The RStudio IDE's Source Windows allow you to edit files outside the main RStudio window. This is useful for splitting your work among multiple monitors, or devoting more space to your editor.
Creating Source Windows
There are two ways to open a new source window:
Pop out an editor: click the Show in New Window button in any source editor tab.
Tear off a pane: drag a tab out of the main window and onto the desktop; a new source window will be opened where you dropped the tab.
You can have as many source windows open as you like.
Managing Documents and Source Windows
Each source window has its own set of tabs; these tabs are independent of the tabs in RStudio's main source pane.
To return a document to the main window, click the Return to Main Window button on the editor toolbar.
To move a document to a different source window, grab its tab and drag it into the window's tab bar.
You can also use this method to return documents to the main source pane.
It's not currently possible for a document to exist in multiple source windows at once, so there's no gesture that "duplicates" a document in this way.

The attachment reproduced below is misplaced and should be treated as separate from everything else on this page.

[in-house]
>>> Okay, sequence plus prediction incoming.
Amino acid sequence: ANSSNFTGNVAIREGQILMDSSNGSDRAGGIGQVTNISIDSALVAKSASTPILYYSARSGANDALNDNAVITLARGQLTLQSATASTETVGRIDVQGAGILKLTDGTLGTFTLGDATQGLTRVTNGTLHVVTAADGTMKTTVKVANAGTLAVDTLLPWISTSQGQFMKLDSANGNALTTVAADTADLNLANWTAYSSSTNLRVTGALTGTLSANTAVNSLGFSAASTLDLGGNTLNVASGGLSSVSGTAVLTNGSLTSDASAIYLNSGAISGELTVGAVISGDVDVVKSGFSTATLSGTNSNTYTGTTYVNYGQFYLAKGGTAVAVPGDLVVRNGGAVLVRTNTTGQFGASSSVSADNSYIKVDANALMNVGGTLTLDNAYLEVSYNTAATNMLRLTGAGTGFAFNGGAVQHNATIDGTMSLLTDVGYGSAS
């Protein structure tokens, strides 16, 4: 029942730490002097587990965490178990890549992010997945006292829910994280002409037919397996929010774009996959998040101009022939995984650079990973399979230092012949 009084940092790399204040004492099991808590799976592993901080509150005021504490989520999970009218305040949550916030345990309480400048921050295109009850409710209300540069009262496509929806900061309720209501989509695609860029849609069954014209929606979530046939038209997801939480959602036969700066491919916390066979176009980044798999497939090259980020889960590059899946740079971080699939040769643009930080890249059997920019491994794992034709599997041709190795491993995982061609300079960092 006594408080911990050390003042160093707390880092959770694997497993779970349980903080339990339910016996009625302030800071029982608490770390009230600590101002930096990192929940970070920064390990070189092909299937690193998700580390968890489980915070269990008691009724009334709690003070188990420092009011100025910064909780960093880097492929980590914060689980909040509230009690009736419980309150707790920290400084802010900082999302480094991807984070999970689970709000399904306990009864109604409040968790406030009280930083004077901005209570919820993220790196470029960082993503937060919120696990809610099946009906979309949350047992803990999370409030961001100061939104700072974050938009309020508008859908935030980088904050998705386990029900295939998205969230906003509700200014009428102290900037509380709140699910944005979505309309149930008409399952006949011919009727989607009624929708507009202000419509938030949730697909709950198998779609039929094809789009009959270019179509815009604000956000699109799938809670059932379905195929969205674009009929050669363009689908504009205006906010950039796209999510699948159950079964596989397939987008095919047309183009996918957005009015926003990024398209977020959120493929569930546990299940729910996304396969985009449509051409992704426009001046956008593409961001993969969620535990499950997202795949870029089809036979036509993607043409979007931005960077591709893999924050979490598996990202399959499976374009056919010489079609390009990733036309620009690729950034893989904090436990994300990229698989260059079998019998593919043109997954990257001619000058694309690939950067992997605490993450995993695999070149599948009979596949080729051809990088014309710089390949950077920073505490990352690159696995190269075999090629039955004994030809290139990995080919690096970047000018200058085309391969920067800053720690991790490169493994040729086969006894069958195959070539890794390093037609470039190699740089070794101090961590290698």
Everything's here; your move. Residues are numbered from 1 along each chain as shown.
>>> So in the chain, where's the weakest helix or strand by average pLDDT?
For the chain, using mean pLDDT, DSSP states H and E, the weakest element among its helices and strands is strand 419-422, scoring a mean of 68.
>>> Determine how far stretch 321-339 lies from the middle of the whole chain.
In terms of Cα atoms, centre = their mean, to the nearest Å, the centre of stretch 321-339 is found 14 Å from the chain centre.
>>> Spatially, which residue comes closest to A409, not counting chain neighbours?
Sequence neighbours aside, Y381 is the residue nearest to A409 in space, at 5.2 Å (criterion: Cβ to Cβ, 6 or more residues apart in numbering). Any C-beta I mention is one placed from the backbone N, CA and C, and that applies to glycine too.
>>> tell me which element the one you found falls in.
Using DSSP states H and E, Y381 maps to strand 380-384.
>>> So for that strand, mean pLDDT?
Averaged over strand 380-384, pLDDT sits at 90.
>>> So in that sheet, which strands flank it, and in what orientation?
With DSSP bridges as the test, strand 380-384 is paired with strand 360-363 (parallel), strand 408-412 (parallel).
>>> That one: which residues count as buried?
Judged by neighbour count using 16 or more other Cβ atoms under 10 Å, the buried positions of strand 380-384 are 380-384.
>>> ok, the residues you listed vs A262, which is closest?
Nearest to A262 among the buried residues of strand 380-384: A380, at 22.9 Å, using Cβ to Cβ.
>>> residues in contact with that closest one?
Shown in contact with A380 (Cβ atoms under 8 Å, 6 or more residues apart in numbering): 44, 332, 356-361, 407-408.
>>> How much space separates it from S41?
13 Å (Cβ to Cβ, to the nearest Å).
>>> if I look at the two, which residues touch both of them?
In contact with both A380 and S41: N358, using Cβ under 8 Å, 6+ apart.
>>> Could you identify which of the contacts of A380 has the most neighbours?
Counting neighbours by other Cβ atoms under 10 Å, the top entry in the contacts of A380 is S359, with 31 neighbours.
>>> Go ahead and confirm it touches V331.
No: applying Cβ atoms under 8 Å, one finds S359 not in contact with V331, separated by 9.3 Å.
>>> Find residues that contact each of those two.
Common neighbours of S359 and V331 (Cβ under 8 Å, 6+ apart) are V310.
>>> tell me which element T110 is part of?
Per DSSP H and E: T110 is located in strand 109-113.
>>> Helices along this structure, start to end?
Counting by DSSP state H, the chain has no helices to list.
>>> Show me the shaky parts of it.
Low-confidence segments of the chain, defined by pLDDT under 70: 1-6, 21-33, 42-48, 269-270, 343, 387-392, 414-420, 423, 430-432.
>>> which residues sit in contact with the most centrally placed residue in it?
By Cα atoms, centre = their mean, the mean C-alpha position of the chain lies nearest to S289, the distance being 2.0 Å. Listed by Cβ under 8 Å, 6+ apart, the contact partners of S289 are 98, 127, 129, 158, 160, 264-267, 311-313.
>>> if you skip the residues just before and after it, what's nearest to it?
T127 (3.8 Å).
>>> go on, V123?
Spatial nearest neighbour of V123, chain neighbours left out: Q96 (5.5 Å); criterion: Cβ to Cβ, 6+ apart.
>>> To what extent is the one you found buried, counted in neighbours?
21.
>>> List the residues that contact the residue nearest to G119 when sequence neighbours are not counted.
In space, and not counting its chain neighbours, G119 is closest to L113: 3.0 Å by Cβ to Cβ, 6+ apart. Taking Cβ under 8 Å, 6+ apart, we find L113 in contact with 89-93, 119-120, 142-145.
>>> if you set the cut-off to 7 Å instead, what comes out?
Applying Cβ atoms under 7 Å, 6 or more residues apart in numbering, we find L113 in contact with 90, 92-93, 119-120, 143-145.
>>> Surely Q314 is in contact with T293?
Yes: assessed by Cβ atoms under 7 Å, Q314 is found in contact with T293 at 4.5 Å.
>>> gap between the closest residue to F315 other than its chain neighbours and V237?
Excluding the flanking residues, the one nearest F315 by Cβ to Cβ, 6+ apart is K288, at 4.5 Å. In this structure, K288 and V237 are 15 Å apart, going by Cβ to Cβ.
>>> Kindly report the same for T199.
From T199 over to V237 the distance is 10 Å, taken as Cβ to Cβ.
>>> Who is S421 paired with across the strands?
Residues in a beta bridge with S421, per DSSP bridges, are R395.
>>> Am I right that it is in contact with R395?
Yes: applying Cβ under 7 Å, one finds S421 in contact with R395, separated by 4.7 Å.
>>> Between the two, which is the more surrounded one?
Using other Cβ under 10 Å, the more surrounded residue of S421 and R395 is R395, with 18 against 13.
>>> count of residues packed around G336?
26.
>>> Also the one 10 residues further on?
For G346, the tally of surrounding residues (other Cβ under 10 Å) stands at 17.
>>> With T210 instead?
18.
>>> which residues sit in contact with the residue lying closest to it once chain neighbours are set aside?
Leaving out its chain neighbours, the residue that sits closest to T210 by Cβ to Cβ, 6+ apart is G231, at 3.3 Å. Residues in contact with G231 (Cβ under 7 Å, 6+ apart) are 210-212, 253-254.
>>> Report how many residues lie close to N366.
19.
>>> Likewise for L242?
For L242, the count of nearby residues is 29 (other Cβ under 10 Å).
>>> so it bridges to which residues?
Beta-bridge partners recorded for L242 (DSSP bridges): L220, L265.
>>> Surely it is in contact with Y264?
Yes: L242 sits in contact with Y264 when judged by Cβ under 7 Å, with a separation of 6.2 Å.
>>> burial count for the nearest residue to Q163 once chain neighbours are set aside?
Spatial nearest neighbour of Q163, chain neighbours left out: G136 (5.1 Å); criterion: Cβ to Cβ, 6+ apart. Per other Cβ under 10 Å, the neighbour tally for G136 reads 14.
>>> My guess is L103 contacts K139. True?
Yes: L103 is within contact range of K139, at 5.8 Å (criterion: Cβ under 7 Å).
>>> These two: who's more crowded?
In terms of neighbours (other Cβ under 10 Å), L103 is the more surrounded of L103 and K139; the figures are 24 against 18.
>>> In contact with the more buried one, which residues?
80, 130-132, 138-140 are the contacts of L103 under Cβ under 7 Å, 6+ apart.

Navigating to Source Windows
The easiest way to jump to a source window is to use the global Go To File/Function tool (Ctrl + .). Begin typing the name of the file you want to navigate to; when it appears, select it and press Enter.
When a document is open in a source window, RStudio will jump to that window whenever you navigate to the document, or to a symbol in the document.
You can also use the shortcut Ctrl+1 to go to the last source window that had focus (which may be the main RStudio source pane).
Source Windows on RStudio Workbench / RStudio Server
Source windows on RStudio Workbench (previously RStudio Server Pro) and RStudio Server Open Source behave much as they do in RStudio Desktop, with one primary difference:
When you navigate to a file, in any way (e.g. jumping to a definition), that file will be opened in the current window; if the file was already opened in a different window, it will be closed there first.